Picture this scenario: a child in your family gets a piece of Lego stuck in his/her nose, what do you do? Call 911 or take your child to the doctor? Well, if you think you should call 911, keep reading. Even if you know the answer to that scenario, as we will found out, not everyone does.
In Emergency Medicine Journal researchers performed a pilot study looking at whether the general population knew when to call an ambulance and when they should not. The study gave a series of scenarios to about 50 adults, and asked them: Would you call 911 for this?
The results showed most people could correctly identify that if you were having a heart attack, had overdosed on pills, or had a bad traffic accident, that you should be calling 911 for emergency response.
Although people could correctly identify when to make these calls, we were extremely surprised to find there were also people who thought calling 911 was appropriate in situations where it was actually highly inappropriate. For instance, a man with chronic back pain who had run out of painkillers or when someone had been cut on the palm of their hand and it wasn’t bleeding heavily. Both of those situations do not require a call to 911, but lots of adults thought so.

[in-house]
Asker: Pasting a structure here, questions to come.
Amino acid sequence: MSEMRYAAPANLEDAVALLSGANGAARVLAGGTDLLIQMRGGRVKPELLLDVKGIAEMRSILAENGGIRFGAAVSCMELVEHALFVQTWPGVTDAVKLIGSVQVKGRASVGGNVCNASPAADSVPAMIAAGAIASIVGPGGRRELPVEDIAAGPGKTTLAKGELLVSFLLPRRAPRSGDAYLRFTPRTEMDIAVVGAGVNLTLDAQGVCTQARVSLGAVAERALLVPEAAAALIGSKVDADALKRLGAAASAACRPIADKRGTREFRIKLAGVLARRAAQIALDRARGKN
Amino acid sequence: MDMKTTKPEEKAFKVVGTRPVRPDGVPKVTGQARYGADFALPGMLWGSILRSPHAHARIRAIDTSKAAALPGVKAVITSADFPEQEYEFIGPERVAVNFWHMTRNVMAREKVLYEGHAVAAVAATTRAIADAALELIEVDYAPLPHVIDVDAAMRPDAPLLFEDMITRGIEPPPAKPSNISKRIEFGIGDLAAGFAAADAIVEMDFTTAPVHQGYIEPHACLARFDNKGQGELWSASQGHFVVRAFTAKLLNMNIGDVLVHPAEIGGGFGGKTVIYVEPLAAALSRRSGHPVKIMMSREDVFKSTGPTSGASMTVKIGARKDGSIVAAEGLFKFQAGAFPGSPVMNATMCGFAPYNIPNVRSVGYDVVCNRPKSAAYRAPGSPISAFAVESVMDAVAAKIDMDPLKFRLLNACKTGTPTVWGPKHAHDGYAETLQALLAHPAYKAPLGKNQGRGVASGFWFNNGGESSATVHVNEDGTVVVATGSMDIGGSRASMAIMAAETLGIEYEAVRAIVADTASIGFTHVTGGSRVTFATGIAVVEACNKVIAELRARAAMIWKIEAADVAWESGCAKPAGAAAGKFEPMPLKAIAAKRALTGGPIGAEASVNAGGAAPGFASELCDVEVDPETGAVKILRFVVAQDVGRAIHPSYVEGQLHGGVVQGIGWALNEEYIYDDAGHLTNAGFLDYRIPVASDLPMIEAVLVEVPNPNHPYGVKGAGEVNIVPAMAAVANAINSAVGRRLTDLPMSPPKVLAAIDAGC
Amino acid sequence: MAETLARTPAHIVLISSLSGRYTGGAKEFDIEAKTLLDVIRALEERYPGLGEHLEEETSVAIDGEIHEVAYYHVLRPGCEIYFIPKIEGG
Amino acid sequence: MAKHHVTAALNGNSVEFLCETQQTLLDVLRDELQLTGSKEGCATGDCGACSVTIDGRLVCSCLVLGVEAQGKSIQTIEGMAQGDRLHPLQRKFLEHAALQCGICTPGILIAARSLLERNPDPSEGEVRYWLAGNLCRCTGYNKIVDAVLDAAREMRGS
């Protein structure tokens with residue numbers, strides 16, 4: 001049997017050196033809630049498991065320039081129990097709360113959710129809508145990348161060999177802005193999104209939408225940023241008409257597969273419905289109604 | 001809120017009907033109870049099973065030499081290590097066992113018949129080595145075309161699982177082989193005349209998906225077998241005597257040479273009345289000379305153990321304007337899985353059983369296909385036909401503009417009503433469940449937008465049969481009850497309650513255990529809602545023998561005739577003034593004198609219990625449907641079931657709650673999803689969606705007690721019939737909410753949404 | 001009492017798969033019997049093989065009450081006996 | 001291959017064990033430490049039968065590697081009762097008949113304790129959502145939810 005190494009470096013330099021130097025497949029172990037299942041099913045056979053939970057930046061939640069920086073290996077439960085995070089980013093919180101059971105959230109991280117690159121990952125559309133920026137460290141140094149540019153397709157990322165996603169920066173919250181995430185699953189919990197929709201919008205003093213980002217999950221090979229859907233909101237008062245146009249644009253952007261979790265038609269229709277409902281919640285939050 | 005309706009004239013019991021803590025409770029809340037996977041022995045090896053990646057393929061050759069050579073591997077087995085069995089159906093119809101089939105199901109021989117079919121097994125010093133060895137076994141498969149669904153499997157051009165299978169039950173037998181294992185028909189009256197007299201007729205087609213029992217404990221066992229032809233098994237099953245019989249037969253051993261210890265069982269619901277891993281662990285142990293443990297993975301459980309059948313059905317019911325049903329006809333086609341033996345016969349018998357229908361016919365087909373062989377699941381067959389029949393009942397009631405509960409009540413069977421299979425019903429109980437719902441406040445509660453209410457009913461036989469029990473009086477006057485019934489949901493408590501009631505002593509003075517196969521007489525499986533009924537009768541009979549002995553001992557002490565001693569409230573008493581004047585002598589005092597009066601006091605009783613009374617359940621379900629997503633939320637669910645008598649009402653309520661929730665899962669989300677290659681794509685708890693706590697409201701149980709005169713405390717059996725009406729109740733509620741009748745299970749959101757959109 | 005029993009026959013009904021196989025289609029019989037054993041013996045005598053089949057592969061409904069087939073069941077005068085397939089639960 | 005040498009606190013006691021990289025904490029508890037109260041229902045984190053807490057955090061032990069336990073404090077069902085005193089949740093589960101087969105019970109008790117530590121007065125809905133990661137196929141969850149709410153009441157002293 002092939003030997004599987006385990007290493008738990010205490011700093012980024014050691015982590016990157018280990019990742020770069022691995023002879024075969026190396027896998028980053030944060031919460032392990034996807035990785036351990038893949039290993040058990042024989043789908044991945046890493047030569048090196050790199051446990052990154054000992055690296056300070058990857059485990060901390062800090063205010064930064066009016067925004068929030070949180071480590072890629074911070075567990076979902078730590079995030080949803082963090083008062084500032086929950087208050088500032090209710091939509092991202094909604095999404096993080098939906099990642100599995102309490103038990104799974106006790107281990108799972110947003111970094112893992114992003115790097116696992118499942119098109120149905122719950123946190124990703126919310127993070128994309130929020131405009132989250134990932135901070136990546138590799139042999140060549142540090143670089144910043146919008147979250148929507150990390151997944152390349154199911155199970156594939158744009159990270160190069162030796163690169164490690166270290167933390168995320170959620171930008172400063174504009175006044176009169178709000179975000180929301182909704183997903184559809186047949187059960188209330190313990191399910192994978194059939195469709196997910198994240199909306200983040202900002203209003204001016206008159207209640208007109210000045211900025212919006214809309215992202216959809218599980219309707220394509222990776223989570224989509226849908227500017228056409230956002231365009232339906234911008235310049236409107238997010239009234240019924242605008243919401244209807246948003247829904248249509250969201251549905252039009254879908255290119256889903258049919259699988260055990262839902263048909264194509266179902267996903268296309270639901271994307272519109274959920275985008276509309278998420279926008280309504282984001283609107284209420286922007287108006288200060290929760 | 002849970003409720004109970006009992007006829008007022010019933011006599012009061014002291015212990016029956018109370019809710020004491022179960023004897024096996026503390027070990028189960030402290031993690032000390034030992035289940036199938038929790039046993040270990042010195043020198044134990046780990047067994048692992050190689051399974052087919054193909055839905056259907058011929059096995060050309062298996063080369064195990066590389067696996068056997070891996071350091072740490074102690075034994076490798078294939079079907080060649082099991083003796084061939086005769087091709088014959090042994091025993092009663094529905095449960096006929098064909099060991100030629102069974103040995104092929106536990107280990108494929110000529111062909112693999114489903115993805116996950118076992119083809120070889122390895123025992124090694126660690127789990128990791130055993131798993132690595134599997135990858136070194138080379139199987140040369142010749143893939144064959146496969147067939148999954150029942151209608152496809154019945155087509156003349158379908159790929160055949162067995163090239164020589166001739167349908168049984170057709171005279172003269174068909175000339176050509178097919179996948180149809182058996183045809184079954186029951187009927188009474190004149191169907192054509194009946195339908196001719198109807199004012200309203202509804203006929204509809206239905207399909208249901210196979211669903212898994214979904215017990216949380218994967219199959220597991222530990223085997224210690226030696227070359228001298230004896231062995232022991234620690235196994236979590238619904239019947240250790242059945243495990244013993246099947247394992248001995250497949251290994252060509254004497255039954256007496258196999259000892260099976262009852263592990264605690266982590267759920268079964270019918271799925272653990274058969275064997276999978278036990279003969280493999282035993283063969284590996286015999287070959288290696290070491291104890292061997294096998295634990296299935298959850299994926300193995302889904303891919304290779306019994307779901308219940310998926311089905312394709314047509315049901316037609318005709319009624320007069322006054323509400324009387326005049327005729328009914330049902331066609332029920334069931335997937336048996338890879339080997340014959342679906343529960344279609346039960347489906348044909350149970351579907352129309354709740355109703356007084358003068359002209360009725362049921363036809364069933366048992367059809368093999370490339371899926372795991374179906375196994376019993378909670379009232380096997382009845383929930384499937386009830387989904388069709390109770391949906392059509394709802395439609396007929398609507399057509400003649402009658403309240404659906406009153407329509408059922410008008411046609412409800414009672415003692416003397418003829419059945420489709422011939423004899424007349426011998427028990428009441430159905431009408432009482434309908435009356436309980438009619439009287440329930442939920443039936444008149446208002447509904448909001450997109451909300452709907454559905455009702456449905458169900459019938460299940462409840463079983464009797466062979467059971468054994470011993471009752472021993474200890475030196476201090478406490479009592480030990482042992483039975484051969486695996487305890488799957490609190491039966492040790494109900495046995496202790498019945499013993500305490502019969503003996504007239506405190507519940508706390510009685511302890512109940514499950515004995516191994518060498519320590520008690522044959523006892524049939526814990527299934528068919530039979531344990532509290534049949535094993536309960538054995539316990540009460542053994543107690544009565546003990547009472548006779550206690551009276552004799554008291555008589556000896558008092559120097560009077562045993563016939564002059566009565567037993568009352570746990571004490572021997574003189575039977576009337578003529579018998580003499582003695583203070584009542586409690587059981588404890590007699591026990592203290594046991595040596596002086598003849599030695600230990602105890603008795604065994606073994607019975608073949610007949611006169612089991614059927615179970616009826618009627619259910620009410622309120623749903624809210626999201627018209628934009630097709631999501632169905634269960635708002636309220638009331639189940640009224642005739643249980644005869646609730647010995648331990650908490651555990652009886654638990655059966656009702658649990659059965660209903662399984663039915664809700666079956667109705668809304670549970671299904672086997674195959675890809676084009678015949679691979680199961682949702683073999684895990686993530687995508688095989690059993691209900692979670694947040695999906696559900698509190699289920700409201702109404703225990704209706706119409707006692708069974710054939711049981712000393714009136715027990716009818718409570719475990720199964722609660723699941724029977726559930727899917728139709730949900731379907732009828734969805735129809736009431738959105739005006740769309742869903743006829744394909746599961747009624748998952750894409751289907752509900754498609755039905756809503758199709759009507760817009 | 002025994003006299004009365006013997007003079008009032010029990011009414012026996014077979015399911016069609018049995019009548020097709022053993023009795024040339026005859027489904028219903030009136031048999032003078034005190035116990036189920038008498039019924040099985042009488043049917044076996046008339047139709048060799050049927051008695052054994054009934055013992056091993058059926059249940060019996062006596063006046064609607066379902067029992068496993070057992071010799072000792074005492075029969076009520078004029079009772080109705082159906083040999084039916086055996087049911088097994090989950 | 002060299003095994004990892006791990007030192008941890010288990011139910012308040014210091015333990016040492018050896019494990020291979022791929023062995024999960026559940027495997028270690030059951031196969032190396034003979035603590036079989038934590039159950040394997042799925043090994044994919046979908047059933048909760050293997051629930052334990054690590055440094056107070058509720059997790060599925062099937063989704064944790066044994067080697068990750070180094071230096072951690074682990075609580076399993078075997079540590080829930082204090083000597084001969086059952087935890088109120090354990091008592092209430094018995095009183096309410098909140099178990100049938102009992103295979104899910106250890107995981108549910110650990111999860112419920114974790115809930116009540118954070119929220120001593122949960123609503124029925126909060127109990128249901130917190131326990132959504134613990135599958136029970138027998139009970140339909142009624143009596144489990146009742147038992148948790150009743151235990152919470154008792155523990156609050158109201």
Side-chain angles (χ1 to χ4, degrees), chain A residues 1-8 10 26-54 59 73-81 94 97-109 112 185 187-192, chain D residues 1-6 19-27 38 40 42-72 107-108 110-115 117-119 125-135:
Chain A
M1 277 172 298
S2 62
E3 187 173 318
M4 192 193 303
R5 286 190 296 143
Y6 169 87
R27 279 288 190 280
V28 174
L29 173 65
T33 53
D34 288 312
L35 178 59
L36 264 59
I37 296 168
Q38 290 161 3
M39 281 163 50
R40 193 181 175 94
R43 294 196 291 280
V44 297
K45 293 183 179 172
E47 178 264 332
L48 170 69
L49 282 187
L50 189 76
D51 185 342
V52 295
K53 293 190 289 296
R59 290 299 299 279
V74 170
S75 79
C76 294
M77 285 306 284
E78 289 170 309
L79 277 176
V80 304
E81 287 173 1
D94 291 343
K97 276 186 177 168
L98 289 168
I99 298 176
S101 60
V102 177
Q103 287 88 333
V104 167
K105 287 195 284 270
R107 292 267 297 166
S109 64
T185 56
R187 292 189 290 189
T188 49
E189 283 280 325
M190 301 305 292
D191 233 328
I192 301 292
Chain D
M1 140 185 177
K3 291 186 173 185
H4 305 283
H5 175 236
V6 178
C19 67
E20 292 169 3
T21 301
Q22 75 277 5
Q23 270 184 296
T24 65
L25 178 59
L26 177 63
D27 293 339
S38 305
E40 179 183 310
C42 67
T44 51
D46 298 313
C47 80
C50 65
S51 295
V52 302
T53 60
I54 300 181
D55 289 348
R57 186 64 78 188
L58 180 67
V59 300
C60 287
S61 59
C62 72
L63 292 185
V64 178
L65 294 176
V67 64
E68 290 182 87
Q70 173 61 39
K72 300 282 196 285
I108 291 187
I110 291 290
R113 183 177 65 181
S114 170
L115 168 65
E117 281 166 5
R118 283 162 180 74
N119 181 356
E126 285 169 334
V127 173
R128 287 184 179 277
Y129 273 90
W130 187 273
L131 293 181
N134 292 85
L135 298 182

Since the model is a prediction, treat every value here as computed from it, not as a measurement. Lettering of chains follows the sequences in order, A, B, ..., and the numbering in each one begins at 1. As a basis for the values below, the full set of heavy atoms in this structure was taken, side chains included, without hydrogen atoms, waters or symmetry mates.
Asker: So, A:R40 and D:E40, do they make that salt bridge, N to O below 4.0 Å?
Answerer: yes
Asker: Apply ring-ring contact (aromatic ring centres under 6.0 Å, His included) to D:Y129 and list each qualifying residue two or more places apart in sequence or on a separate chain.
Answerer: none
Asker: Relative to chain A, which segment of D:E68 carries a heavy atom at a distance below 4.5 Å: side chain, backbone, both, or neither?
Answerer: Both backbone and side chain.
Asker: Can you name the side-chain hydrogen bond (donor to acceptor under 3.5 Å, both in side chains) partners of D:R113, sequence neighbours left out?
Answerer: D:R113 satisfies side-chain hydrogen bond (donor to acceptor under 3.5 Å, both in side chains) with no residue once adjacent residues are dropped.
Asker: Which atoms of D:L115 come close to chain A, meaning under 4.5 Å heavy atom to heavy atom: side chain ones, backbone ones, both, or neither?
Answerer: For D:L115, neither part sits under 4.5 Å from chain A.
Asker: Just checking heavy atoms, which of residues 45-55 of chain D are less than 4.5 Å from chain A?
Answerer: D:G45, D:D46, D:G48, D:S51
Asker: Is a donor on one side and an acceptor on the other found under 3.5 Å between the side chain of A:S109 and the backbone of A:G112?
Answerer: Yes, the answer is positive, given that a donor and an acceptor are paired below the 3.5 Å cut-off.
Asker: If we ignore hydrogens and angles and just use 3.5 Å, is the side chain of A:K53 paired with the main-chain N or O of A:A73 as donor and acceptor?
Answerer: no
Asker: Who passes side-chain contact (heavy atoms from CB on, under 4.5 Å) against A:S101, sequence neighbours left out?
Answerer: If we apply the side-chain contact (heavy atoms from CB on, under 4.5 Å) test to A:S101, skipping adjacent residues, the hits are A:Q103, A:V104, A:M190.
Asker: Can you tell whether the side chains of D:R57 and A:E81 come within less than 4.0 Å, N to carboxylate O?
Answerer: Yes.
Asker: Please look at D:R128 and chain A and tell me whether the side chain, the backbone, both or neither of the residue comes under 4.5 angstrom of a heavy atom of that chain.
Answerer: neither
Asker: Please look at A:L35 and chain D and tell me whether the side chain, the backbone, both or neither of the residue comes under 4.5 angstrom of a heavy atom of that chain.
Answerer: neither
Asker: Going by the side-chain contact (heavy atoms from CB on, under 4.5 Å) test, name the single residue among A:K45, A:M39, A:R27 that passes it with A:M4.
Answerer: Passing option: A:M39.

To call or not to call, really comes down to knowing the difference between needing to seek medical care or medical advice, versus an actual call for emergency. We aren’t suggesting that you not call 911 if you have a true emergency, but we are asking you to find resources through your primary care physician, a nurse line, or urgent care and after-hours options that are offered for treating a less than emergent, though still important, illness. Back to our lego situation above- this can happen to all of us (and maybe did happen to Cristy or Adam’s child), but in this situation, no need to call an ambulance- rather, take the child to the doctor.